Clinical data evaluation after matrix-associated autologous chondrocyte transplantation: a retrospective study
ESSKA Academy. TIEFENBÖCK T. 11/08/19; 284419; epESMA-02 Topic: E6 - Autologous chondrocyte transplantation (ACT)
Dr. Thomas, Manfred TIEFENBÖCK
Dr. Thomas, Manfred TIEFENBÖCK
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Clinical data evaluation after matrix-associated autologous chondrocyte transplantation: a retrospective study

ePoster - epESMA-02

Topic: Sports Trauma

Binder H.1, Aldrian S.2, Zak L.2, Tiefenböck T.2, Marlovits S.2, Albrecht C.2
1Medical University of Vienna, Department of Orthopedics and Trauma-Surgery, Vienna, Austria, 2Medical University of Vienna, Vienna, Austria

Introduction: Matrix-associated autologous chondrocyte transplantation (MACT) has been an effective tool of tissue engineering for large, full thickness cartilage lesions for years. Despite the wide variety of available scaffolds, only few are in clinical use today. The aim of this study is to compare four of the most commonly used implants regarding their clinical outcome.
Objectives: To determine if there is a difference in short term clinical outcome between four different MACT types.
Aims: The aim of this study is to compare four of the most commonly used implants retrospectively.
Methods: 88 Patients with full-thickness chondral lesions of the tibiofemoral joint, who underwent MACT, were included in this study. Clinical examination was performed preoperatively, as well as 24 months after transplantation. Clinical outcomes were evaluated using the IKDC, Brittberg, Lysholm and VAS score.
The Kruskal-Wallis test by ranks was applied to compare the clinical scores of the different transplant types.
Results: A total of 88 patients (mean age: 45a, mean BMI: 25), who suffered from tibiofemoral lesions were included. The average defect size of the tibiofemoral joint compartment was 4.28 cm2. 11 patients (12.6%) underwent transplantation with Chondro- Guide (MACI), 40 patients (46.0%) with Hyallograft (HYAFF), 21 patients (24.1%) with Cares and 15 patients (17.2%) with Novocart. Patients improved from a mean IKDC score of 35.71 (±6,44) preoperative to 75.26 (±18.36)after 24 months in the Hyallograft group, 35.94 (±10.29) to 71.57(±16.31) in the Chondro-Guide (MACI) group, 37.06 (±5.42) to 71.49 (±6.76) in the Novocart group and 45.05 (±15.83) to 70.33 (±19.65) in the Cares group. Similar improvement were seen in VAS and Brittberg scores. Two years postoperative there were no significant differences regarding the outcome.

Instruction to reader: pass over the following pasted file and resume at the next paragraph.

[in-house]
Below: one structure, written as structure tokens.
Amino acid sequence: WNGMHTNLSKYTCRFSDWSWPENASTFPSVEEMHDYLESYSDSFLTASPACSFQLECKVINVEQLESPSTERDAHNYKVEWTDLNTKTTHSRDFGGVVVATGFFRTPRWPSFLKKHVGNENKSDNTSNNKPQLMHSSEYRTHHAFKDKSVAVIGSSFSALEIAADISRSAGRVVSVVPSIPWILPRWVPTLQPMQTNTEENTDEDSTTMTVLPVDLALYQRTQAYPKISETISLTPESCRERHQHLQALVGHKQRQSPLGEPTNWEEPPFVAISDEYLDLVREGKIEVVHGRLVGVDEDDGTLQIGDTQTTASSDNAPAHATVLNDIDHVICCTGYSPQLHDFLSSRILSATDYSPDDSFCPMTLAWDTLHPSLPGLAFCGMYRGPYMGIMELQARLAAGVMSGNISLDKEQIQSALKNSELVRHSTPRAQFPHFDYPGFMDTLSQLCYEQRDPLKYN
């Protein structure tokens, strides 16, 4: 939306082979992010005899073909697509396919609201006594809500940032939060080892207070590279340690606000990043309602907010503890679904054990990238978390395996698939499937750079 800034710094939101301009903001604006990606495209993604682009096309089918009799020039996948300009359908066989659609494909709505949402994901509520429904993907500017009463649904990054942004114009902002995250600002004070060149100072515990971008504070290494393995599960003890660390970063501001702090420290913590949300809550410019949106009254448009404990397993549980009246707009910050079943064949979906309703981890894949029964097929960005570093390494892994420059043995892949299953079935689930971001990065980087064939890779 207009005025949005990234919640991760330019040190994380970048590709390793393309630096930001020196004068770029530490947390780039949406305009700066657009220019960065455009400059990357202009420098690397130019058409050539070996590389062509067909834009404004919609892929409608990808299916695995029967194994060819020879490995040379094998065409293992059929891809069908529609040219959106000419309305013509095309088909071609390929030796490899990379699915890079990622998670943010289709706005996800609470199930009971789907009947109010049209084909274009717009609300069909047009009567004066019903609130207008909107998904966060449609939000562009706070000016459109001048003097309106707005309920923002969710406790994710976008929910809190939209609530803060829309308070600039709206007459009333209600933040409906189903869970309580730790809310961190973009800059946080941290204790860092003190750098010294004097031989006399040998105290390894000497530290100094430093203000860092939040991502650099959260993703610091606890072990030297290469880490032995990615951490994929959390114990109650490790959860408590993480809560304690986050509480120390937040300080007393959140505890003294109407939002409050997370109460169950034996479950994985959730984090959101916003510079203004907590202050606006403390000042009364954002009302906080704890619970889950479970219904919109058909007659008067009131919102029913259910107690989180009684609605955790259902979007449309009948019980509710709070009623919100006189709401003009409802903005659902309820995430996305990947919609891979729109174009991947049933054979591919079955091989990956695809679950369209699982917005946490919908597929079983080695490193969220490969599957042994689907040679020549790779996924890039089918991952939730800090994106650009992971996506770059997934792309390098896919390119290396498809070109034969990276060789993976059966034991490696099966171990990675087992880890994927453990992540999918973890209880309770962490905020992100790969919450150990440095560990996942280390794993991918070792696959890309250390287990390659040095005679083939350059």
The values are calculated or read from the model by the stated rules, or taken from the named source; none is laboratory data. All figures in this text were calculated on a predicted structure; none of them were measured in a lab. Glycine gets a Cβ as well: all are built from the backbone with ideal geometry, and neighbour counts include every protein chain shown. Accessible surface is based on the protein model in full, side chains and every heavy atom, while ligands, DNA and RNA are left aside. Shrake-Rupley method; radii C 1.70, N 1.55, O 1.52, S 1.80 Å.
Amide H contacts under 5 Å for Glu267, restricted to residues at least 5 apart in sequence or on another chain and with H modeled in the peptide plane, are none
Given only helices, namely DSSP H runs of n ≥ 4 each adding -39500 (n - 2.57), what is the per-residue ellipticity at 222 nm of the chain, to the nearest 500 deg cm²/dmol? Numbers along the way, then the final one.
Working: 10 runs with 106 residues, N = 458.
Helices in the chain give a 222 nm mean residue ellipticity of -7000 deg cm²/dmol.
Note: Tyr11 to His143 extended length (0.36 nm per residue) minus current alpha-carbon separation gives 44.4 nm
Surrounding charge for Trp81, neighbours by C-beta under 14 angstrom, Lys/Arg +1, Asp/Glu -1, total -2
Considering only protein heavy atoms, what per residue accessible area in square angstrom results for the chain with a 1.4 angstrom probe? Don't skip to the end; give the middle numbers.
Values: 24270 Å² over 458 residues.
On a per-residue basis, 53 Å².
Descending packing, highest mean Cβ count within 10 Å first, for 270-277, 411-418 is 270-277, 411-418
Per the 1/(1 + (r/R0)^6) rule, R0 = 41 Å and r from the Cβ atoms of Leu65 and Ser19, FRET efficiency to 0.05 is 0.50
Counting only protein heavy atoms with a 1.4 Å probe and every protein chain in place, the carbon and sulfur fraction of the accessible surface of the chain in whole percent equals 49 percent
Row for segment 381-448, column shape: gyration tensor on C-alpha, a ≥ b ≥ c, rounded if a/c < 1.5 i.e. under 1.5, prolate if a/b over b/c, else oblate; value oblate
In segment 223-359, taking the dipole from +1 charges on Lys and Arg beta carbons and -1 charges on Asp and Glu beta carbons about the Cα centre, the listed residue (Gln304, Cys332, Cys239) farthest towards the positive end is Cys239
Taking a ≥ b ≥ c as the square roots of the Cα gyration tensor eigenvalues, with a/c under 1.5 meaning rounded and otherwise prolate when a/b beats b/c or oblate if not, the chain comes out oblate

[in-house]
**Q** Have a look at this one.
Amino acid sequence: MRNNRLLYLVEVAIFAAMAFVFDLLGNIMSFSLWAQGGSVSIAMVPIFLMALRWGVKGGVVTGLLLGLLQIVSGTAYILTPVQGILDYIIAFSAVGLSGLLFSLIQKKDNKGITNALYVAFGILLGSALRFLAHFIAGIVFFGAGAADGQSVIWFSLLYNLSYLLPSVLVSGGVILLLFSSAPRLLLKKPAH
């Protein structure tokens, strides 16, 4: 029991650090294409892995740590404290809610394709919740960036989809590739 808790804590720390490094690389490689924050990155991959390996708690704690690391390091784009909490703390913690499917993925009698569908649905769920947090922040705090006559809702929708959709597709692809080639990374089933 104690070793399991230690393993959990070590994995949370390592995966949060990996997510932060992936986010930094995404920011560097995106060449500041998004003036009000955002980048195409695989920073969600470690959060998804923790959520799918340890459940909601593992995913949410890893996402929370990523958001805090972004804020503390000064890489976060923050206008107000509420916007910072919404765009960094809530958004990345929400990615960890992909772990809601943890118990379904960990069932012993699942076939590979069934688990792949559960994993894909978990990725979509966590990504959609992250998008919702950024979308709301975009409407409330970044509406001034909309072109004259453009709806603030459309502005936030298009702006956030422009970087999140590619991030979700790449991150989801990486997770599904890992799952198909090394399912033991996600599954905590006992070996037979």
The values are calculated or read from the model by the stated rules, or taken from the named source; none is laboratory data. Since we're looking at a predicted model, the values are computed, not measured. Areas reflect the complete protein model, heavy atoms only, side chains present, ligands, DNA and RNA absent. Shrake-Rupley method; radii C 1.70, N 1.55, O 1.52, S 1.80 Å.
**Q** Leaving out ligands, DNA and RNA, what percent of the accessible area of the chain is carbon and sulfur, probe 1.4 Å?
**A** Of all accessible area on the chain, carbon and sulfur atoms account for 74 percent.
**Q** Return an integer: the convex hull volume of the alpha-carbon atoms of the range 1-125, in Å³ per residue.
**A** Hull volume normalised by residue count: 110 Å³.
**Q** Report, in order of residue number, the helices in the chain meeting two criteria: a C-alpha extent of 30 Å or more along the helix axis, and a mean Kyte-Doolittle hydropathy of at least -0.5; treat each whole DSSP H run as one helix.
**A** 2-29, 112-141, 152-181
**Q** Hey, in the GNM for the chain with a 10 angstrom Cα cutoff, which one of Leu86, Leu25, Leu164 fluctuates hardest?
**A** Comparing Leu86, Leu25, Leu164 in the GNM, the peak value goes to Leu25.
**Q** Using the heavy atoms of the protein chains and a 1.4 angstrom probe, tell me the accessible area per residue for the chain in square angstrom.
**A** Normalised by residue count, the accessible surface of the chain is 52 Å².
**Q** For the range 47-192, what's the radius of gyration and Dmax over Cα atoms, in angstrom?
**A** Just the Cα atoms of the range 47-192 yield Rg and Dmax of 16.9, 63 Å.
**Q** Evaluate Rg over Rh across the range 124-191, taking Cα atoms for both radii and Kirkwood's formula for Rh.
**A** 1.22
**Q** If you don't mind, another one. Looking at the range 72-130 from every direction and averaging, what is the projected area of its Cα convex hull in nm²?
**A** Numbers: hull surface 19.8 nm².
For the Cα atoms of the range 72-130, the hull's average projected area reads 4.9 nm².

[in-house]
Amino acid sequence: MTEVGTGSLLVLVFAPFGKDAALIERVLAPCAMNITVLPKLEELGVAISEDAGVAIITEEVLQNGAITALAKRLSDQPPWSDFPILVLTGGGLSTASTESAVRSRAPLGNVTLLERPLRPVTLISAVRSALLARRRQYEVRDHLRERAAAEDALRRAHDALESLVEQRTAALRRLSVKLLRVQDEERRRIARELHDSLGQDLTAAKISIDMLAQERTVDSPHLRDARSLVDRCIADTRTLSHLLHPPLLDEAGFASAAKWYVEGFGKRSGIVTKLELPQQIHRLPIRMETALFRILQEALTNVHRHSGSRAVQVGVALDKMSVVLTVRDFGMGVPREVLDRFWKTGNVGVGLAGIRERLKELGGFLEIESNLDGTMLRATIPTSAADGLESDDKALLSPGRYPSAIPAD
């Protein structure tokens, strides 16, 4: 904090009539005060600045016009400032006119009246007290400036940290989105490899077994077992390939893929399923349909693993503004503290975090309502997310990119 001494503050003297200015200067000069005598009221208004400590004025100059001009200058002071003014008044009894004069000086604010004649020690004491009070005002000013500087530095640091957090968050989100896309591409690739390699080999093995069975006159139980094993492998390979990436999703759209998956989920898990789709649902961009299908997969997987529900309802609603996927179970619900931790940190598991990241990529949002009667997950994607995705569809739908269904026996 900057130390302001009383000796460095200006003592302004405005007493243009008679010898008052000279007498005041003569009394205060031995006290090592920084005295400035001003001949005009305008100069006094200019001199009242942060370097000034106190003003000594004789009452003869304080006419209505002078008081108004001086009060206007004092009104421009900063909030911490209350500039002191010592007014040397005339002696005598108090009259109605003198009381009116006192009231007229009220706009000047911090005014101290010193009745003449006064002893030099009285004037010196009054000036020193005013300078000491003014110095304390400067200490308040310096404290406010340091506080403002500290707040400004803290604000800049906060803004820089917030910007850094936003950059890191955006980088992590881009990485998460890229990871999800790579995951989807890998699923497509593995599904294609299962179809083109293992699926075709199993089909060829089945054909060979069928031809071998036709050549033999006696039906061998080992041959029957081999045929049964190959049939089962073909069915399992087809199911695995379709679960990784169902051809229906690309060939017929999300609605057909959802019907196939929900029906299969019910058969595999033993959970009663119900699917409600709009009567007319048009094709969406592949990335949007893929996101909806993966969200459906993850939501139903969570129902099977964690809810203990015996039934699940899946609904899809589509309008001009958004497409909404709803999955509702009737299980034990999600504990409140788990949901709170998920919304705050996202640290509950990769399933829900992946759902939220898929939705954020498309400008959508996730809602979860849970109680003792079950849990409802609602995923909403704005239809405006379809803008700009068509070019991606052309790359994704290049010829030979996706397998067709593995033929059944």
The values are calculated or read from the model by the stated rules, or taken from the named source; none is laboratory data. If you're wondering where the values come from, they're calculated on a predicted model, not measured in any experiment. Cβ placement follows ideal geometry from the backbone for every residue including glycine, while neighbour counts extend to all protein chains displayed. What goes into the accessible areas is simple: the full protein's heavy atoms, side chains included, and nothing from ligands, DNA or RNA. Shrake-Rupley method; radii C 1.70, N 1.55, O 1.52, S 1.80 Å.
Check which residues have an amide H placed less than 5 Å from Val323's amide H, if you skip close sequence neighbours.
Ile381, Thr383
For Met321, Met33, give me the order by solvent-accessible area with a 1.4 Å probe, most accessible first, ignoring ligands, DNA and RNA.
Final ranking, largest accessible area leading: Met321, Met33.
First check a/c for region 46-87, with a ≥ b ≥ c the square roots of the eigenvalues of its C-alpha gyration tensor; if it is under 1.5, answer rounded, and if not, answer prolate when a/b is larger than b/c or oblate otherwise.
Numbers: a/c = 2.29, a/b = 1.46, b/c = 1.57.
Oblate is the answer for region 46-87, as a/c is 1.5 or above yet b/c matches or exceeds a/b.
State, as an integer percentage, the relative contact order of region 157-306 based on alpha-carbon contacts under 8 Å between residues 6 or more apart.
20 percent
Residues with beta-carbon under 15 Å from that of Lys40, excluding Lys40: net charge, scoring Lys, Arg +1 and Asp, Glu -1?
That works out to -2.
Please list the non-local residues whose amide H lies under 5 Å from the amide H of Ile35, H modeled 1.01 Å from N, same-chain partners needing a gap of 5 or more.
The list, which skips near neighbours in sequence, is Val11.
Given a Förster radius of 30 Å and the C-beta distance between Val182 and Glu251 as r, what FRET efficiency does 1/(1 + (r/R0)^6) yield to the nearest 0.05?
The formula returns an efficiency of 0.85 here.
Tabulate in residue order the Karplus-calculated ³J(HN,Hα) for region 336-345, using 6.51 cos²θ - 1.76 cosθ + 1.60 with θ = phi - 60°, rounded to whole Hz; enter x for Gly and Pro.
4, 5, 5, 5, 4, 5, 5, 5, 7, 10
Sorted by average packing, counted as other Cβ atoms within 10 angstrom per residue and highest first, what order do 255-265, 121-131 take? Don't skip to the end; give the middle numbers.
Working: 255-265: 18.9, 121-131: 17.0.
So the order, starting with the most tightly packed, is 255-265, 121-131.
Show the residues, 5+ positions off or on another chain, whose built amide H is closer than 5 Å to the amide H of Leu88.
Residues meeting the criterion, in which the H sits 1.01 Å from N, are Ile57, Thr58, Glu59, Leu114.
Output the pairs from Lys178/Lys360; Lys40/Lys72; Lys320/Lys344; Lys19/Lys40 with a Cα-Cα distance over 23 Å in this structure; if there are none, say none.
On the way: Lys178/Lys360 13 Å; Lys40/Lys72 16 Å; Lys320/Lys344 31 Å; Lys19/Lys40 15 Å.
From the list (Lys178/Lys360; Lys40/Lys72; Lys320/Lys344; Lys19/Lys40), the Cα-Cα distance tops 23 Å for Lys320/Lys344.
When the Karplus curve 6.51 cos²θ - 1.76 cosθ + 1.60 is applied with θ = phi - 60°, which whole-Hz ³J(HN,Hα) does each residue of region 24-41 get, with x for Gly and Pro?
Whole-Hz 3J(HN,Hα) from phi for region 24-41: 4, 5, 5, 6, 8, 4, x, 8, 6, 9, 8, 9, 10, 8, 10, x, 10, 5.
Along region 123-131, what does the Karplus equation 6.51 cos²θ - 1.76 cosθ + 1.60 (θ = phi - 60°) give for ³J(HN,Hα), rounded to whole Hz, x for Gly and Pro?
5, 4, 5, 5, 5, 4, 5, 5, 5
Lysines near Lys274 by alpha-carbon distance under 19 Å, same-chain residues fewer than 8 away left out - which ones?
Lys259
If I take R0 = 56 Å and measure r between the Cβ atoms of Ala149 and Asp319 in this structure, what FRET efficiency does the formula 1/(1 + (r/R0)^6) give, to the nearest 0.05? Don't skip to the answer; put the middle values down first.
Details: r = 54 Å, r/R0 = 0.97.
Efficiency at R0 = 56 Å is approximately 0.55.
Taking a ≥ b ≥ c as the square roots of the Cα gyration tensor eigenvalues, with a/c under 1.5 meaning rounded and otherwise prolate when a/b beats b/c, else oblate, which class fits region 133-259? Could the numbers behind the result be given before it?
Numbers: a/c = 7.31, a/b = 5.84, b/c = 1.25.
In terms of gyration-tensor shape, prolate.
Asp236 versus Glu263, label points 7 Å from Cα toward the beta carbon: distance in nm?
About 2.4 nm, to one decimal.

Conclusion: Our data demonstrated that MACT regardless of the used implants resulted in good clinical improvement 2 years after transplantation for tibiofemoral defect localizations.
Clinical data evaluation after matrix-associated autologous chondrocyte transplantation: a retrospective study

ePoster - epESMA-02

Topic: Sports Trauma

Binder H.1, Aldrian S.2, Zak L.2, Tiefenböck T.2, Marlovits S.2, Albrecht C.2
1Medical University of Vienna, Department of Orthopedics and Trauma-Surgery, Vienna, Austria, 2Medical University of Vienna, Vienna, Austria

Introduction: Matrix-associated autologous chondrocyte transplantation (MACT) has been an effective tool of tissue engineering for large, full thickness cartilage lesions for years. Despite the wide variety of available scaffolds, only few are in clinical use today. The aim of this study is to compare four of the most commonly used implants regarding their clinical outcome.
Objectives: To determine if there is a difference in short term clinical outcome between four different MACT types.
Aims: The aim of this study is to compare four of the most commonly used implants retrospectively.
Methods: 88 Patients with full-thickness chondral lesions of the tibiofemoral joint, who underwent MACT, were included in this study. Clinical examination was performed preoperatively, as well as 24 months after transplantation. Clinical outcomes were evaluated using the IKDC, Brittberg, Lysholm and VAS score.
The Kruskal-Wallis test by ranks was applied to compare the clinical scores of the different transplant types.
Results: A total of 88 patients (mean age: 45a, mean BMI: 25), who suffered from tibiofemoral lesions were included. The average defect size of the tibiofemoral joint compartment was 4.28 cm2. 11 patients (12.6%) underwent transplantation with Chondro- Guide (MACI), 40 patients (46.0%) with Hyallograft (HYAFF), 21 patients (24.1%) with Cares and 15 patients (17.2%) with Novocart. Patients improved from a mean IKDC score of 35.71 (±6,44) preoperative to 75.26 (±18.36)after 24 months in the Hyallograft group, 35.94 (±10.29) to 71.57(±16.31) in the Chondro-Guide (MACI) group, 37.06 (±5.42) to 71.49 (±6.76) in the Novocart group and 45.05 (±15.83) to 70.33 (±19.65) in the Cares group. Similar improvement were seen in VAS and Brittberg scores. Two years postoperative there were no significant differences regarding the outcome.
Conclusion: Our data demonstrated that MACT regardless of the used implants resulted in good clinical improvement 2 years after transplantation for tibiofemoral defect localizations.
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